The prathyaksha is another experience that is often misinterpreted with an eye on the western scholars. The Chullahaththipadopama Sutta speaks only against deductions and inferences however much analytical they may be. One has to see the elephant in order to convince oneself that it was an elephant that had passed through a certain area in the jungle without jumping into conclusions. What the scholars do not understand is that most of the Suttas themselves are only relative and it is in order to speak against deductions and inferences that Buddha has come out with this story of an elephant. However, it does not mean that an elephant exits as such as an object that can be observed objectively by all the observers in a particular area at a particular instant. When people see an elephant it is something that they have created on their own, of course with instructions from the grandparents, parents and others living with them. The rupaskandas are interpreted as an elephant, however it does not imply that the skandas are an objective reality. Do the western empiricists, scientists experimentalists have any ideas resembling Dhamma on this aspect? The prathyaksha in Buddha Dhamma cannot be compared with sensory perceptions or any ism in western knowledge system but our scholars are too enthusiastic to explain to their masters in the west that Buddha Dhamma is empiricist.

Then there are scholars who want to show to the west that there is nothing mystic about Dhamma. They claim that Nibbana can be expressed in words in order to satisfy their masters in the west. If Nibbana is expressible in words why did not Buddha who attained Buddhathva two thousand six hundred years ago say that in words? Is there any place in the Suttas where the Dhamma indicates at least indirectly that Nibbana can be expressed in words? Buddha Dhamma is clear to anybody who is prepared to examine it according to the way the Buddha has shown and not in the tradition of western empiricism, logical positivism, or any other western ism. Ehi passiko does not mean that one has to carry a microscope or atomic absorption spectrometer or even Aristotelian logic to “test” Buddha Dhamma and if Dhamma remains mystic to the westerners let it be so if they want to stick to their so called scientific and other methods if there are any. We do not have to prove that Buddha Dhamma is not mystic to those who think that they are enlightened after the so called European enlightenment.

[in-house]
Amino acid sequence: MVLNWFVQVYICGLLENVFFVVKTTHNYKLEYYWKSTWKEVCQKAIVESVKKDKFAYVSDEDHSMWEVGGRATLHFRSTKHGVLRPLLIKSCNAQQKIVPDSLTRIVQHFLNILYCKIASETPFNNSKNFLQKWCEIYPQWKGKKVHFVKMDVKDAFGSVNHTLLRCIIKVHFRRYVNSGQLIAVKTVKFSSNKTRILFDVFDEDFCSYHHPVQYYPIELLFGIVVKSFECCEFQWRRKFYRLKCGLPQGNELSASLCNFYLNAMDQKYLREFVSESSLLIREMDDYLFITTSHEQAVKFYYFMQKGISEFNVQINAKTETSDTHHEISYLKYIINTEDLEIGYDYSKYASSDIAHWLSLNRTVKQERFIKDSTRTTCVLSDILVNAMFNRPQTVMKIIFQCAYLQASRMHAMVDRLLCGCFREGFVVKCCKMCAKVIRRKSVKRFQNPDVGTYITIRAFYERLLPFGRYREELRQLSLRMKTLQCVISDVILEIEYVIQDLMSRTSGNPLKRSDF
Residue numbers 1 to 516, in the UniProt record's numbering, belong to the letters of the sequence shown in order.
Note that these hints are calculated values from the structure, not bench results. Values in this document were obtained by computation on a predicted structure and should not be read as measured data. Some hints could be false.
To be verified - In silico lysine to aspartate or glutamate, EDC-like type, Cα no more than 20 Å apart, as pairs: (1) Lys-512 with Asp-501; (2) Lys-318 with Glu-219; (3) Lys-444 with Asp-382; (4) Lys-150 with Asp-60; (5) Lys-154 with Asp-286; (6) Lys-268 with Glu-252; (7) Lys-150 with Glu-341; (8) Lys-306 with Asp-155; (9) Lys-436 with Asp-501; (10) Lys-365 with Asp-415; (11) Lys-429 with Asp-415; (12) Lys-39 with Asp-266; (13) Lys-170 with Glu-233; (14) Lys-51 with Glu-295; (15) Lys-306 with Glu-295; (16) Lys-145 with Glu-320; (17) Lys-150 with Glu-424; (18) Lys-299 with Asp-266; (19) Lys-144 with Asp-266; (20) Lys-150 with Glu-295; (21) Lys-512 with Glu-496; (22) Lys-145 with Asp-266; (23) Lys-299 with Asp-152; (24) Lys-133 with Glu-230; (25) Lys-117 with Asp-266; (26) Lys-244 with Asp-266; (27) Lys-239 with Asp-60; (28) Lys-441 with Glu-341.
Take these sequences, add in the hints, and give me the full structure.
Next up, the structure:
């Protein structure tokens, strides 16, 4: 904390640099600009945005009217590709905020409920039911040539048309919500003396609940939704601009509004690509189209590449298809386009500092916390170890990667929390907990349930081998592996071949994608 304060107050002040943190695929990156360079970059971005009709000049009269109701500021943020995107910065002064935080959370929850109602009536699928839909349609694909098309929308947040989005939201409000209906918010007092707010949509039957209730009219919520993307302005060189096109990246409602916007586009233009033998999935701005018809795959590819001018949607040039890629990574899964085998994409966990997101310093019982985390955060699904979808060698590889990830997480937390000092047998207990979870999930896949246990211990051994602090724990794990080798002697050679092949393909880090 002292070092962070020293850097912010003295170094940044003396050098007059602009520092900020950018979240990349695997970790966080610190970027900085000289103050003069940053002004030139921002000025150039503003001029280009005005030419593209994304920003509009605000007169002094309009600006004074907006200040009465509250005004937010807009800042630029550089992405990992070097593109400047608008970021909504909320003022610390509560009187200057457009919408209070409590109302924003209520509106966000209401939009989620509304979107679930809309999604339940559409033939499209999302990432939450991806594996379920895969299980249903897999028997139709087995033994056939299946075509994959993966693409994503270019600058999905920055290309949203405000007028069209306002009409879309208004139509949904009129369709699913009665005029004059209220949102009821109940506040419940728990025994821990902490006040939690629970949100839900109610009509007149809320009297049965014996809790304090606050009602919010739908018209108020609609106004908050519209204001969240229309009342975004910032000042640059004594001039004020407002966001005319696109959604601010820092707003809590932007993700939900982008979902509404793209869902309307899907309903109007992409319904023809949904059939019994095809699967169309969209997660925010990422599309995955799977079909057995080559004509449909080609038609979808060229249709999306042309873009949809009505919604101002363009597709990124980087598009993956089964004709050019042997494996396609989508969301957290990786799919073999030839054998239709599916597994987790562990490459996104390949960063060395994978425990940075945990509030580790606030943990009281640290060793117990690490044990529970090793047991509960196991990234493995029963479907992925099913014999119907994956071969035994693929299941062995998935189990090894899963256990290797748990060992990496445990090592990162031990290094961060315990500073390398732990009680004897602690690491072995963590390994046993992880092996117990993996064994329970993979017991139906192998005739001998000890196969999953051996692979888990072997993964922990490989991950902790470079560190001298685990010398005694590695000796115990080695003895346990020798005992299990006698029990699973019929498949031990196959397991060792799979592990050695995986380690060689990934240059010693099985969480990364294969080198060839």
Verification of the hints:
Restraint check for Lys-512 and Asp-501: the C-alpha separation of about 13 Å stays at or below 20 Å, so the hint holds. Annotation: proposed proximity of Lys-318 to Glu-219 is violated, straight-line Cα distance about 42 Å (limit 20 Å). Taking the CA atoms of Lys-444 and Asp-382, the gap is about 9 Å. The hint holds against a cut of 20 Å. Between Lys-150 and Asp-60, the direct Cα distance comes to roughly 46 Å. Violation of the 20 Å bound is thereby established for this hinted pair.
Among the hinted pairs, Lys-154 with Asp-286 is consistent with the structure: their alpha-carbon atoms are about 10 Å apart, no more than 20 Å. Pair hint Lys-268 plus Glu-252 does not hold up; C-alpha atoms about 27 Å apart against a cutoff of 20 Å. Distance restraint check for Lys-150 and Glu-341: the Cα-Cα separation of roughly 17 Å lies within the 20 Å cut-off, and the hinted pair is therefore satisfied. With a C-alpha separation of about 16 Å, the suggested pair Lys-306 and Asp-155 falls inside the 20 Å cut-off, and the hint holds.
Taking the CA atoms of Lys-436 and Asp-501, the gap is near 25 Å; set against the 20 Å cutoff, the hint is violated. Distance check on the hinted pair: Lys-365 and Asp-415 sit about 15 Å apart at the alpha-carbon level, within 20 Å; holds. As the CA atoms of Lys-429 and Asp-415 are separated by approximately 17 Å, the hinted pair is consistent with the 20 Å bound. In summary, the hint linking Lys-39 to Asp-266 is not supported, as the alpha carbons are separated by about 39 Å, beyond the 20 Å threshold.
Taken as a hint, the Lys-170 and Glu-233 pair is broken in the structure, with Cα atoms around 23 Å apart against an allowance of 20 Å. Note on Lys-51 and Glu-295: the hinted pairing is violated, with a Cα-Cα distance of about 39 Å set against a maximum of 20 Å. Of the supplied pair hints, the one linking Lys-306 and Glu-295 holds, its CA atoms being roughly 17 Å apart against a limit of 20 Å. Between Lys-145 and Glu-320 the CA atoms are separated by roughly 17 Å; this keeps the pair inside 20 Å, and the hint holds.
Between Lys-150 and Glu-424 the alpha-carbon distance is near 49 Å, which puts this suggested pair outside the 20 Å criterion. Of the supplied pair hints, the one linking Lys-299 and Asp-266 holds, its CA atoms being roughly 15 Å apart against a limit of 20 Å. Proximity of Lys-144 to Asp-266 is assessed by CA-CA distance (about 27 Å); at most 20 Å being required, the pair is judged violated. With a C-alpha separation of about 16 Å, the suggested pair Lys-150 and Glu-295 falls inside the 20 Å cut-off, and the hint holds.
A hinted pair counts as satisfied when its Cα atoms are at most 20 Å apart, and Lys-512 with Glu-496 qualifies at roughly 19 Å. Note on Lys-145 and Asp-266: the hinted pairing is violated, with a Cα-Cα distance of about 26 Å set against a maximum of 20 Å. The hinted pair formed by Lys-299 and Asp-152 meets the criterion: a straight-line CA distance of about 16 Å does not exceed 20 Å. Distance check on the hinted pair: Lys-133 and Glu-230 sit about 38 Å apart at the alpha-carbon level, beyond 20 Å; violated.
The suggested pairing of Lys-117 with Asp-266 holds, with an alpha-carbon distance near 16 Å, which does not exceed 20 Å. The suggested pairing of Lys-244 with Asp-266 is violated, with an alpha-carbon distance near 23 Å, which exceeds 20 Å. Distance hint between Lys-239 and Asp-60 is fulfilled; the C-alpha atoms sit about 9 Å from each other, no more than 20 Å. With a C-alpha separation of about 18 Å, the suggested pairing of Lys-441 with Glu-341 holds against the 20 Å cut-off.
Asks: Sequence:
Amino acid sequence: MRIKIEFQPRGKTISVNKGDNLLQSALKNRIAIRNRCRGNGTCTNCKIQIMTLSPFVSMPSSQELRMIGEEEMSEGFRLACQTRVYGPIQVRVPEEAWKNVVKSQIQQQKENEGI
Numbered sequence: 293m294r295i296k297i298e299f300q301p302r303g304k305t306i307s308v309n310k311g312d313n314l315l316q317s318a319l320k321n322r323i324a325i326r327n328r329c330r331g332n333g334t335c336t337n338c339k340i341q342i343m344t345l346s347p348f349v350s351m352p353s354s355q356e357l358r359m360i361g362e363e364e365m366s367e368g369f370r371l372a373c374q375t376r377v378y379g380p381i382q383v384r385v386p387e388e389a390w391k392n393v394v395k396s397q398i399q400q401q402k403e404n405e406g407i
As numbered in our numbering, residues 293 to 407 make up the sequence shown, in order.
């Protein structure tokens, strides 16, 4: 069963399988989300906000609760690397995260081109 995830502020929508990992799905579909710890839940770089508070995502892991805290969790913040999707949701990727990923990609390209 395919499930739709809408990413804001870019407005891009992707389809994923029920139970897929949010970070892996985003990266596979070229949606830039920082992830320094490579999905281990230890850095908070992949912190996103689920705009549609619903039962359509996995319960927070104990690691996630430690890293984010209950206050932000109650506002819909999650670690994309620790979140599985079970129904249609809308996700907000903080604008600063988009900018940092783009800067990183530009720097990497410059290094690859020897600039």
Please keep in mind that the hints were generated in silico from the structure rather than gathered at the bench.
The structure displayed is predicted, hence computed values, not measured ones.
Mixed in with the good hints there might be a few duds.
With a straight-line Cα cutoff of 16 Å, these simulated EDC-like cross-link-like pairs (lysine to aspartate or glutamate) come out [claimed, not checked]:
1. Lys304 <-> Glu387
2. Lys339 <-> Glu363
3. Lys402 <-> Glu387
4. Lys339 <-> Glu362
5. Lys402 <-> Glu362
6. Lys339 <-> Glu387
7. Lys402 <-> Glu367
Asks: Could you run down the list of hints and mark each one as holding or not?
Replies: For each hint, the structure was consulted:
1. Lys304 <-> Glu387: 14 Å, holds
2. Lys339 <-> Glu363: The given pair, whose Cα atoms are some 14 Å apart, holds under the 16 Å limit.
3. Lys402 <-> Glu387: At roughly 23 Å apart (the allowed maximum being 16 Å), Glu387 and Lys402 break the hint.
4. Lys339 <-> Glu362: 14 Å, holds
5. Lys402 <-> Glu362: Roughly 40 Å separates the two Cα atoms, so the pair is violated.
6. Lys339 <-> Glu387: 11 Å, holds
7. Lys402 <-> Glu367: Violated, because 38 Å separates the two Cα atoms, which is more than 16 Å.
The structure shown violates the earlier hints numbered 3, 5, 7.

Then there are those who want to compare deconstruction (visanyojana) of Derrida with Visankara. What these people do not understand is that any deconstruction is another sankara. One may following Derrida deconstruct a concept going to the roots and fundamentals. However, the roots and so called fundamentals are also sankaras arising out of avijja, and deconstruction does not lead to Nibbana. Sankara paccaya Vinnana and Vinna paccaya Nama Rupa and then Nama rupa (Please refer Katukurunde Nnanananda Thero) and Salayatane etc., does not mean that deconstruction paccaya no Vinnana no Nama Rupa no Salayatane etc., and finally Nibbana. If people want to please their masters in the west they should resort to some other method rather than interpreting Buddha Dhamma the way want.

As an example of the reverse process I would just cite Webber and others who claim that Buddha Dhamma stands in way of development. The development meant here is western Christian development based on satisfying the sense organs and surely that type of development is not in accordance with Buddha Dhamma. However, our scholars again in order to please the westerners in general are prepared to contradict Weber and claim that Dhamma is not an obstacle to development according to western Christian modernity.

Let us at least in this 2600 Sambuddhathva Jayanthi year stop all these attempts to satisfy the masters in the west (in spite of Foucault and others there is a west, though not in an absolute sense) and be followers of Buddha Dhamma. (The Island - 2011/05/18)

Copyright Prof. Nalin De Silva